As the gun went off, I left with the first pack. Well more like the second pack, because the leaders were fast. I smirked at myself for the presumptuous nature of my pace, because I had no right to be running it.
The last time I had exceeded 6 minutes per mile pace had probably been on Halloween when I was running down a steep hill. Even then, it was only for .3 miles. This was going to be 3.1 miles of balls out (for me) speed.
I had run this race in 2013 and knew that it was flat and fast. I knew that there would be some fresh out of college cross country stars who would lead the way and help pull me along.
I pulled around AT&T Park at just under a 6 minute mile and my lungs weren’t revolting. A half mile in, only 1.5 real miles to go.
My sense was that as long as I was feeling ok at mile 2, I could force the rest of the run. Get dark, get energized by the burning of lungs and legs and huff and puff my way to the finish.
I got into a rhythm behind a few runners and just let the natural flow of the run take hold. My silky soft beard wrapped around my neck, I took chase behind a familiar face from the race two years prior.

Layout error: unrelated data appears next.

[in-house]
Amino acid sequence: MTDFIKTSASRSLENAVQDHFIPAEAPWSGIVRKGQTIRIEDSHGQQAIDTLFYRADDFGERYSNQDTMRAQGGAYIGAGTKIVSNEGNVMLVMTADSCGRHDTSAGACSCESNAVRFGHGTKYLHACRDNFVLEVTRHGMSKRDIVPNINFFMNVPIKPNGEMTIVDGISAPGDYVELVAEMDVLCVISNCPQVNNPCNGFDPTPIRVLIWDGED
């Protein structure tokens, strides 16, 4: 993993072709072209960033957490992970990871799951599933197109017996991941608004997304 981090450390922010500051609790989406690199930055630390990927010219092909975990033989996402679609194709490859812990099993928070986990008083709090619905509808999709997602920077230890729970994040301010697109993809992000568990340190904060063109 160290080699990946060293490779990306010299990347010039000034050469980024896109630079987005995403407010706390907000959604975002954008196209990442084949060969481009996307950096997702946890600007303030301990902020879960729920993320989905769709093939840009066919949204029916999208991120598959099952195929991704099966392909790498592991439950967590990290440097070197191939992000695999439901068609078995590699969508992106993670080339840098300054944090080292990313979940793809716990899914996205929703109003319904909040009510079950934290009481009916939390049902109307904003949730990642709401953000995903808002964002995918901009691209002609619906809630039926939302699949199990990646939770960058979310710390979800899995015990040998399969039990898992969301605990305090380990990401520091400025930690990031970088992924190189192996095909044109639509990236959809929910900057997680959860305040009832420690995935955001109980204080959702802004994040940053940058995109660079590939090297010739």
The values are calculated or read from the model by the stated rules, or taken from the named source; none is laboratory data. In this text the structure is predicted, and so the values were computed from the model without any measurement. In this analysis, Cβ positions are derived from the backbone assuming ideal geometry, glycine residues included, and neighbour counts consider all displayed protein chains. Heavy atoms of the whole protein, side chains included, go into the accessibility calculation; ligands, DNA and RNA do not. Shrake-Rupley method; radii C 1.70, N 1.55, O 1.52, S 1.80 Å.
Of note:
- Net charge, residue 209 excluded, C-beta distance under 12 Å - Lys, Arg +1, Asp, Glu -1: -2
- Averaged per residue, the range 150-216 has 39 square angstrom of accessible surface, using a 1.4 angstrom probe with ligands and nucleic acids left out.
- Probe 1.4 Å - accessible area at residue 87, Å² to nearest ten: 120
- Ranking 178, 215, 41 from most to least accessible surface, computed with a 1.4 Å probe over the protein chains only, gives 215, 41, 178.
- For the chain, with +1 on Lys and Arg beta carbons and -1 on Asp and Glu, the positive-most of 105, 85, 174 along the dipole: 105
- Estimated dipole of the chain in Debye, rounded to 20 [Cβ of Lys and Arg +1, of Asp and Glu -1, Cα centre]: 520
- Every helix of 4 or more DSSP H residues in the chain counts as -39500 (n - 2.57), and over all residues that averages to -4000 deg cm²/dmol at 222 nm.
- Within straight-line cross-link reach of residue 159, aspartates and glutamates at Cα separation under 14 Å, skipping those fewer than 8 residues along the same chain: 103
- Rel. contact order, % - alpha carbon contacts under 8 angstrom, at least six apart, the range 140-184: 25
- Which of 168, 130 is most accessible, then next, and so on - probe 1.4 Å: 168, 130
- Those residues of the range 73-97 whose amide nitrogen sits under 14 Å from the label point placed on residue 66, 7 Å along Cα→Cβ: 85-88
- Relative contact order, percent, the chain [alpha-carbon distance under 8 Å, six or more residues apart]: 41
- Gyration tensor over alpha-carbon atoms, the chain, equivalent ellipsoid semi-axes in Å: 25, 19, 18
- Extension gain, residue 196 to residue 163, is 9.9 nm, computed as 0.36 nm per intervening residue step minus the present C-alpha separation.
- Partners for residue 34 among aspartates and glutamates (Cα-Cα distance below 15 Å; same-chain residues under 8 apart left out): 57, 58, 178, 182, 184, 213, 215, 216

I hit the 1 mile mark at 6 minutes and everything felt fine. Based on previous races, I had a good idea of how the rest would play out. At my current pace, I would be ok. I debated whether to try to push it, find exactly what I had today, but decided that I would rather use this run to build on rather than hurt myself and have it wreck the rest of my training.
I was wearing my watch for the first time in a month and got a little frustrated with myself with the amount that I was checking it. I was happy to have it though, because the runners in front of me started to fade a little bit and I was able to cruise by them and maintain speed rather than using the adrenaline of the pass to pick up speed.
I made the turn at almost two miles with my legs pulsing a little bit. It was the right kind of burn. As I circled back against the rest of the runners, I used the “Go Santa!” cheers to carry me against the shortness of breath that was building.
This was my first real run at sea level since moving to Denver. In previous trips, I had either been too hungover, recovering from a race, or both. Having slept well and been on a super taper the last few months I had no excuses in my lungs.
The end of a 5k feeling started coming with about a half of a mile to go. My legs started getting a little tight, I was huffing with each breath, and checking over my shoulder to make sure I didn’t need an extra kick.
There were no men with strollers this time around. I was able to hold my pace and pick it up a notch for the finishing kick as the finish line approached.
It was a fun way to start the morning and a good way to kick off my winter training for next year.
Distance: 3.1 miles
Shoes: Altra Instinct 3.0